Cary Fowler

Cary Fowler

Henrik Edelbo/Seeds of Time

New film traces Cary Fowler’s quest to build the doomsday seed vault

Tennessee native Cary Fowler was trained as a sociologist, earning a doctorate from Sweden’s Uppsala University in the 1970s. But he’s now better known as a high-profile advocate for protecting the genetic diversity of the world’s crops. In the 1990s, he helped the United Nations produce an influential assessment of the world’s crop diversity and later helped lead a campaign to save an important Russian collection of fruit and berry germ plasm (an effort that earned him election to the Russian Academy of Sciences).

From 2005 to 2012, Fowler served as executive director of the Global Crop Diversity Trust, helping create the Svalbard Global Seed Vault. The facility—dubbed a doomsday vault for seeds—is buried deep beneath Norway’s permafrost. It holds more than 500,000 samples of crop germ plasm, providing a backup for the national and international seed banks that donated the material.

Later this month, Seeds of Time, a documentary that chronicles Fowler’s efforts, will open in New York and Los Angeles. Fowler, now an adviser to the trust, recently discussed his work with ScienceInsider. The interview has been edited for clarity and brevity.

Q: How did the idea for Svalbard come about?

A: In the 1980s, a collaborative of Nordic countries put some of their own seeds in an abandoned coal mine shaft in Svalbard to conduct a 100-year experiment to test the viability of seeds stored in permafrost. Later, they proposed storing seeds from other countries to the U.N. Food and Agriculture Organization. The proposal was dead on arrival for several reasons: No one was offering to pay for upgrading or running the facility, and there were political issues surrounding ownership and control of genetic resources.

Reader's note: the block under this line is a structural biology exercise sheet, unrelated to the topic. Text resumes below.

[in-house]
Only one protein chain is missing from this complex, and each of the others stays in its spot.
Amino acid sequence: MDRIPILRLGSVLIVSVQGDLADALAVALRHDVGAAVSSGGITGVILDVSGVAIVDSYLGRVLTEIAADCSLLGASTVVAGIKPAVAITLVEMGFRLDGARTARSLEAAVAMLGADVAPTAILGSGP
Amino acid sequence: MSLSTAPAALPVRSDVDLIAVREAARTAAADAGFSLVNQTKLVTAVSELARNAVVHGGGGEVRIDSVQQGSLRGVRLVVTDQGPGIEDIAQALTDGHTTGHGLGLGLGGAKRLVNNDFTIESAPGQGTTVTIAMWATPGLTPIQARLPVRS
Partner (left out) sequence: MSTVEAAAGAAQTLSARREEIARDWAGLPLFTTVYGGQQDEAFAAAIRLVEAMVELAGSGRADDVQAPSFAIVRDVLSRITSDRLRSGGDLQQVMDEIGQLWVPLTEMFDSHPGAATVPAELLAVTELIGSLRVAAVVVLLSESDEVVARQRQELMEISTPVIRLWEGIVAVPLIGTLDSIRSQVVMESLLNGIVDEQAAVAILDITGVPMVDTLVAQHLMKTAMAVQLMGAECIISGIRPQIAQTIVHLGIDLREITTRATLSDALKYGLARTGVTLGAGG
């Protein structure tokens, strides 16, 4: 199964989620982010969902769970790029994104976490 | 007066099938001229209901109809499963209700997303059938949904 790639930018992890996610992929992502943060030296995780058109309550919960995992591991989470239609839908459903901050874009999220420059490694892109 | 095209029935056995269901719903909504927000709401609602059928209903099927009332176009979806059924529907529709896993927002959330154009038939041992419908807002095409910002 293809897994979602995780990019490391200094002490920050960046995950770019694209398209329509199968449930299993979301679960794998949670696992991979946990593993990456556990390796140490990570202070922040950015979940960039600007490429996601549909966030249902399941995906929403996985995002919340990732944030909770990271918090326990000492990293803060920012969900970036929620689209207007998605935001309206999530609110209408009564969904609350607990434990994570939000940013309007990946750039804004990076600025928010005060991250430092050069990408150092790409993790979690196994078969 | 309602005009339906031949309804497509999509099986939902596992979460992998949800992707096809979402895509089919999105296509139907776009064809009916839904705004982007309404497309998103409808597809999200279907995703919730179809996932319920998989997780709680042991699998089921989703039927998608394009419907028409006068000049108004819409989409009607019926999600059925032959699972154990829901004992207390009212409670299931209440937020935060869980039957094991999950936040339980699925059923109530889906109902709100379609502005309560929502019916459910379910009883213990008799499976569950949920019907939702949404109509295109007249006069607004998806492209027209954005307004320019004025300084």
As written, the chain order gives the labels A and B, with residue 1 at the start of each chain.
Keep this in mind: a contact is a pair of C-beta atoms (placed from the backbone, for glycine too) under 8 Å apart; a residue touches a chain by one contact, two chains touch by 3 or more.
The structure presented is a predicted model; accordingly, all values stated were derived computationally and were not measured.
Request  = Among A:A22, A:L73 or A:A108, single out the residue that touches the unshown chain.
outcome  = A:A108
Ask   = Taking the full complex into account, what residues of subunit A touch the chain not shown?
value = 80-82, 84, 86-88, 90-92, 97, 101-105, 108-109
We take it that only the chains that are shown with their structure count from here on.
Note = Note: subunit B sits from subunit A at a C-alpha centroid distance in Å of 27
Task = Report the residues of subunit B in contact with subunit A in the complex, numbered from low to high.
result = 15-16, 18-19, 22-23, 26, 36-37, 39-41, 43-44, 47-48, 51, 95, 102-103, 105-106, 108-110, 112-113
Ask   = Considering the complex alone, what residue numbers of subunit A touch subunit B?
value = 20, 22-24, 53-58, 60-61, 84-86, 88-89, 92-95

Several years later, Henry Shands, then head of the U.S. national seed bank in Fort Collins, Colorado, and I were involved in a project to upgrade the 11 international gene banks run by the Consultative Group for International Agricultural Research. We realized that, although the facilities would be in great shape, they were located in Syria, Peru, Colombia, and Nigeria—places not known for their stability. On the heels of 9/11 and Hurricane Katrina, we realized bad things could happen anywhere. We revived the idea of storing seeds in Svalbard at a meeting of gene bank directors and they agreed. Norway was open to it and commissioned me to do a feasibility study. It opened in 2008.

Q: How full is Svalbard now?

A: We have samples of 864,000 distinct crop populations. I guess we have upwards of 1.5 million samples around the world that could possibly go in Svalbard. You might be tempted to say we’re more than halfway there, but that’s not the way to look at it. It’s not a numbers game. It’s a diversity game.

I’ll give you an analogy: there are 400 breeds of dogs in the world and our task is to conserve dog diversity. If you have 50 Pekinese and I have 50 mutts, we each have the same number of samples, but I have more diversity. It’s the same in gene banks; we want the most diverse collections. We don’t know, however, how much of our crop diversity is in gene banks around the world. The best answer we have, based on surveys of crop experts, is that 95% of some of the major crops are in gene banks. We run into trouble with the minor crops, but they wouldn’t have as many varieties or populations out there to begin with.

Q: When will Svalbard be complete in your opinion?

A: There isn’t an endgame. There will always be new diversity. The story ever ends. When we built the facility, I was nervous the whole way. … I sort of thought if we got to 500,000 accessions [individual gene bank deposits], it’s definitely worth it. We passed that a long time ago. Having had cancer twice, I was quite unsure if I would ever live to see the day that we have 1 million. But since I’m reasonably healthy and we have 864,000 accessions, I think I will see that day. We have the ability to store 4 to 4.5 million samples at Svalbard.